A few years ago, I checked out Dr. Joel Fuhrman’s Eat to Live from the library. I left it in obvious places, but I don’t think my dad ever looked at it. I picked it up to make sure I was doing this veganism thing correctly; I was. I like Dr. Furhman’s formula for ideal weight. For a female—
95 pounds for the first five feet of height plus four pounds for every inch after 5 feet.

So for Q, I am about 5’3”.
95 + 12=107 lbs. This number checks out with my life history since I maintained about 105-107 lbs for a year and a half. Then I became a senior in college, wrote a thesis, had a sit-ass job, and put myself through a lot of stress, gaining about 15 pounds in a year-plus. Before you get all “OMG EAT SOMETHING YOU’RE TOO SKINNY” on my ass, my weight is mainly muscle; it’s up now because I have a lot of body fat on my stomach, hips, and thighs that’s unnecessary, disproportional, and dangerous if accepted as status quo. Hence why we exercise hard, eat well, and sleep right to tone flab and lose the fat that’s covering said muscle. I’m feeling better for my efforts and am excited to continue them.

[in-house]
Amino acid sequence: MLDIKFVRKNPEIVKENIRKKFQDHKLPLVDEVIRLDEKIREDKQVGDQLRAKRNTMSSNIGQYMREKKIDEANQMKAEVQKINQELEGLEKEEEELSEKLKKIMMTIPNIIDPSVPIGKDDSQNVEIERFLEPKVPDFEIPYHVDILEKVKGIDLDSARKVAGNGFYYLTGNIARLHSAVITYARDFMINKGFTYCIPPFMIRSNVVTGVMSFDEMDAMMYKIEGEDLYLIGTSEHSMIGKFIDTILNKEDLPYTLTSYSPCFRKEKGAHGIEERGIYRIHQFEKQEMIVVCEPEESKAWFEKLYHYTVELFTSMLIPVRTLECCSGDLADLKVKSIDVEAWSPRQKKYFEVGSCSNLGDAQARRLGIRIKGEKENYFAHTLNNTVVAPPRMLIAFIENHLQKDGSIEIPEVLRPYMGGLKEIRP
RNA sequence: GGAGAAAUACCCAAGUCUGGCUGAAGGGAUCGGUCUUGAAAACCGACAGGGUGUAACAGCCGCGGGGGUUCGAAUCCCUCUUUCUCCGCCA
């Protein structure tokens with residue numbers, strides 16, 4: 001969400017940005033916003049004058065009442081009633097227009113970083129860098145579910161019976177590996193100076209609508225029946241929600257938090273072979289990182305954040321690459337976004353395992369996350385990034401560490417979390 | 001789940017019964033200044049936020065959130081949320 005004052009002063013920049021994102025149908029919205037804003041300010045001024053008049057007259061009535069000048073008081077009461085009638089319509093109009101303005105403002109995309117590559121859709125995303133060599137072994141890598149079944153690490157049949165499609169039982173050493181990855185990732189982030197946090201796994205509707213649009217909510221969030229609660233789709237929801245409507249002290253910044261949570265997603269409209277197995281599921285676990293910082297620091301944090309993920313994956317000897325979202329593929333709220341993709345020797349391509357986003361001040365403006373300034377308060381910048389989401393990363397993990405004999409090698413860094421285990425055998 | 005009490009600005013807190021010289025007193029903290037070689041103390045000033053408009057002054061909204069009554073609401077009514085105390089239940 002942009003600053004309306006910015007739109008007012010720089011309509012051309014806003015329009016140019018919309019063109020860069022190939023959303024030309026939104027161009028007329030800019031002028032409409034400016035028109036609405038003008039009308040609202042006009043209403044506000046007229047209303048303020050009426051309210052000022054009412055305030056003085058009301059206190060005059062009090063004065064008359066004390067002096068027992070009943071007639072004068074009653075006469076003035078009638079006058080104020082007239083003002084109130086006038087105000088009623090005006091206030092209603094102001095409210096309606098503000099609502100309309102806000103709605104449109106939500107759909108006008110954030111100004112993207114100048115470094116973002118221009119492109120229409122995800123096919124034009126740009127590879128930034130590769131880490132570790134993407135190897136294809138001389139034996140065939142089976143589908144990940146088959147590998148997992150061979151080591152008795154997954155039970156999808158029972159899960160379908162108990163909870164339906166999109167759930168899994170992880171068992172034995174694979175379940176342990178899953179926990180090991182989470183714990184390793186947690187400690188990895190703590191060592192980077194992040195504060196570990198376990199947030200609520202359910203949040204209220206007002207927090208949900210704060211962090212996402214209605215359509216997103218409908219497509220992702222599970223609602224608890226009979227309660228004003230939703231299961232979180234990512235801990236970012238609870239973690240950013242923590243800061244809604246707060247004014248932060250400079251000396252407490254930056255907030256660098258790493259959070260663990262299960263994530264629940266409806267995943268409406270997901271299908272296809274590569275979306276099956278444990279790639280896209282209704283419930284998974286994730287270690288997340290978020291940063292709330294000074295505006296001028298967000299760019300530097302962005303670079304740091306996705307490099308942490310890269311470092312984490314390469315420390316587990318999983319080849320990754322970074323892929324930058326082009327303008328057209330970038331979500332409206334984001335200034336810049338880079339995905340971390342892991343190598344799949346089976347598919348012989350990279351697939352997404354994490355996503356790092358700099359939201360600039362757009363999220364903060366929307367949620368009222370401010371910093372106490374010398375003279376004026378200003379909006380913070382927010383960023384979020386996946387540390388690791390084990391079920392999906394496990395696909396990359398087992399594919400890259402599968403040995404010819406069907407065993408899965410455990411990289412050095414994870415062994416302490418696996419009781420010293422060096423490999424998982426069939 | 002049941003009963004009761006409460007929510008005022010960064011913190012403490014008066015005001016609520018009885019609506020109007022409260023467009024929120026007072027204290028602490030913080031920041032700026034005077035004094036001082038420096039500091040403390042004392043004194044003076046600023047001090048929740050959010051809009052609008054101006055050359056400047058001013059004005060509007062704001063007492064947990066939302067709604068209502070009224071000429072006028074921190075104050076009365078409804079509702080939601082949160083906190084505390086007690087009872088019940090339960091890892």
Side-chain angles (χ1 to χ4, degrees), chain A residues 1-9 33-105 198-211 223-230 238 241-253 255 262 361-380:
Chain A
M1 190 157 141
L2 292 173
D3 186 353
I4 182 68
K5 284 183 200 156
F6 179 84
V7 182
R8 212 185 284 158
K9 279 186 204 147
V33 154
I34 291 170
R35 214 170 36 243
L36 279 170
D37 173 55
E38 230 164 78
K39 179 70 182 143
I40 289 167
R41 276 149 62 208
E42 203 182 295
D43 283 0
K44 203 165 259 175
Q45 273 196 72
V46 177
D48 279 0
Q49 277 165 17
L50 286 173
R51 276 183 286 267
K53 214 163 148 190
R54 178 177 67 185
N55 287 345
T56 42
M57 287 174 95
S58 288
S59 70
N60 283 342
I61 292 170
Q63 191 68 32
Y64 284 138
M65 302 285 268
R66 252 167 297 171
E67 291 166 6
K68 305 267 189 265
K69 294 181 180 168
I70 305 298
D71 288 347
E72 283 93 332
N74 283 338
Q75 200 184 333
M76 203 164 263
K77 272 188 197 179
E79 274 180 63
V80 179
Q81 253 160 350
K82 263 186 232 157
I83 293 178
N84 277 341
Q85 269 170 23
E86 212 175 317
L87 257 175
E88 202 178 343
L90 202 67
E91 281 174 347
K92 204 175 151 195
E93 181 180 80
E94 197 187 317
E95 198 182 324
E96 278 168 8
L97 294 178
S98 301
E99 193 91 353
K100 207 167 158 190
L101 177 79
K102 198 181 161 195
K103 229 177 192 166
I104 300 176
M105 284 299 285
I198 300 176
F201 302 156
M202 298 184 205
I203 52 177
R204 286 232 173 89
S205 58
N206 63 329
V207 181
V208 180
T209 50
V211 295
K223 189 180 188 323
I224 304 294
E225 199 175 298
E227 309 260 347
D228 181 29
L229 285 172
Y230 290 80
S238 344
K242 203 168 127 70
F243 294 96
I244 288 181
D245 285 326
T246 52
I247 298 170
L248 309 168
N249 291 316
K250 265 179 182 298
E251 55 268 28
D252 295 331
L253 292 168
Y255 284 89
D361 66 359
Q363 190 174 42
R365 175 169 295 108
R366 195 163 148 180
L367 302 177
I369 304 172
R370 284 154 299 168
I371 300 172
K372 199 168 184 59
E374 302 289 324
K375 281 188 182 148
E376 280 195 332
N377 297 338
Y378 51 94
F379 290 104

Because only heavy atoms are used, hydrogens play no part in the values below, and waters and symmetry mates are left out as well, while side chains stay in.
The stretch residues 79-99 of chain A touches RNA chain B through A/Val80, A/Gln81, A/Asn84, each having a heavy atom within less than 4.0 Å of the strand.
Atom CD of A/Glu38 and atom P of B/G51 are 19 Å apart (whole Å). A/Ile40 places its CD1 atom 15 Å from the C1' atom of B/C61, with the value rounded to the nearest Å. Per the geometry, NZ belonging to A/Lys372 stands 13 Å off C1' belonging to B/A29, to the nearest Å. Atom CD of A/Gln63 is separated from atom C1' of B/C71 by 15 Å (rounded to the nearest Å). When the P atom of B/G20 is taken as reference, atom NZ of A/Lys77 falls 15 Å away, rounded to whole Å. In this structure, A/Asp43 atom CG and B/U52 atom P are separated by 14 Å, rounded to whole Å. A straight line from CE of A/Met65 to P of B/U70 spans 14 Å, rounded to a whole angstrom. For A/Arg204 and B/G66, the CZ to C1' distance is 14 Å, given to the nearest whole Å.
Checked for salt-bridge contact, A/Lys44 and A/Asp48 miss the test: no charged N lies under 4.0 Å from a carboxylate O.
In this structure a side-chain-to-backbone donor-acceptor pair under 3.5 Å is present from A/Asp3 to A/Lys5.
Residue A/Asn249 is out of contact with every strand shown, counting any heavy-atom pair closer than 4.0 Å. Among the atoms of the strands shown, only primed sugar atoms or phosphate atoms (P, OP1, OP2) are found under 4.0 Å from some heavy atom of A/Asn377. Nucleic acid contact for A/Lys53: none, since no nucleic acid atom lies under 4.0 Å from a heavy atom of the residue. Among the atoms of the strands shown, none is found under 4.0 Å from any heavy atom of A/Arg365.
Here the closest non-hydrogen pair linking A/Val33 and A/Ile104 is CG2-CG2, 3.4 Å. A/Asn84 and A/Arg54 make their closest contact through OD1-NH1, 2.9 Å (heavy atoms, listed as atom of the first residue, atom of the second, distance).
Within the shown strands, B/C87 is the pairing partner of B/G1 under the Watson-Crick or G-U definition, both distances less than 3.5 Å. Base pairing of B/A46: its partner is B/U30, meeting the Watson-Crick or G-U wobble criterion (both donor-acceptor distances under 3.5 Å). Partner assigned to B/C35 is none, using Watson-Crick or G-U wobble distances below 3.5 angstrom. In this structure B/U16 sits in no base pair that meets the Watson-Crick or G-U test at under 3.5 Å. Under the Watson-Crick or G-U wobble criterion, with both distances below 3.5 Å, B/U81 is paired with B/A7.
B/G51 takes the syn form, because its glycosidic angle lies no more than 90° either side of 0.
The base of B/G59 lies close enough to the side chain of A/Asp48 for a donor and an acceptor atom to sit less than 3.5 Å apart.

I’ve told you time and time again you sing the words but don’t know what it means.

Check-in on the music fast. It’s Palm Sunday tomorrow. Friday I can listen to music with lyrics again. Not having control over my musical intake has been most interesting. At work, I’ll hear a good song and sing along, then the next song will be some kind of crap. I’ve become more superstitious about the songs that I hear. Shutting down lyrical intake is one thing; increasing poetic intake is another. The two are indeed mutually exclusive. On one hand, I realise how many song lyrics I know off the top of my head. On the other hand, I don’t spend that much time solely listening to music to have gained time from this exercise. Unlike when I was in high school and gave up listening to Marilyn Manson for Lent, I don’t think that singing along to Christian Death’s “Spiritual Cramp” puts me in spiritual jeopardy:

Jesus won’t you touch me
Come into my heart
Where the hell are you
When the fire starts?

It’s a song. It’s art, it’s powerful, these words sometimes describe my spiritual struggles, but they don’t define me as a person, and I can sing it with impunity on a Sunday…on the way to or from church. I miss my music and have plans to buy more albums as I meet certain health goals.

I held you close as we both shook/ for the last time, take a good hard look!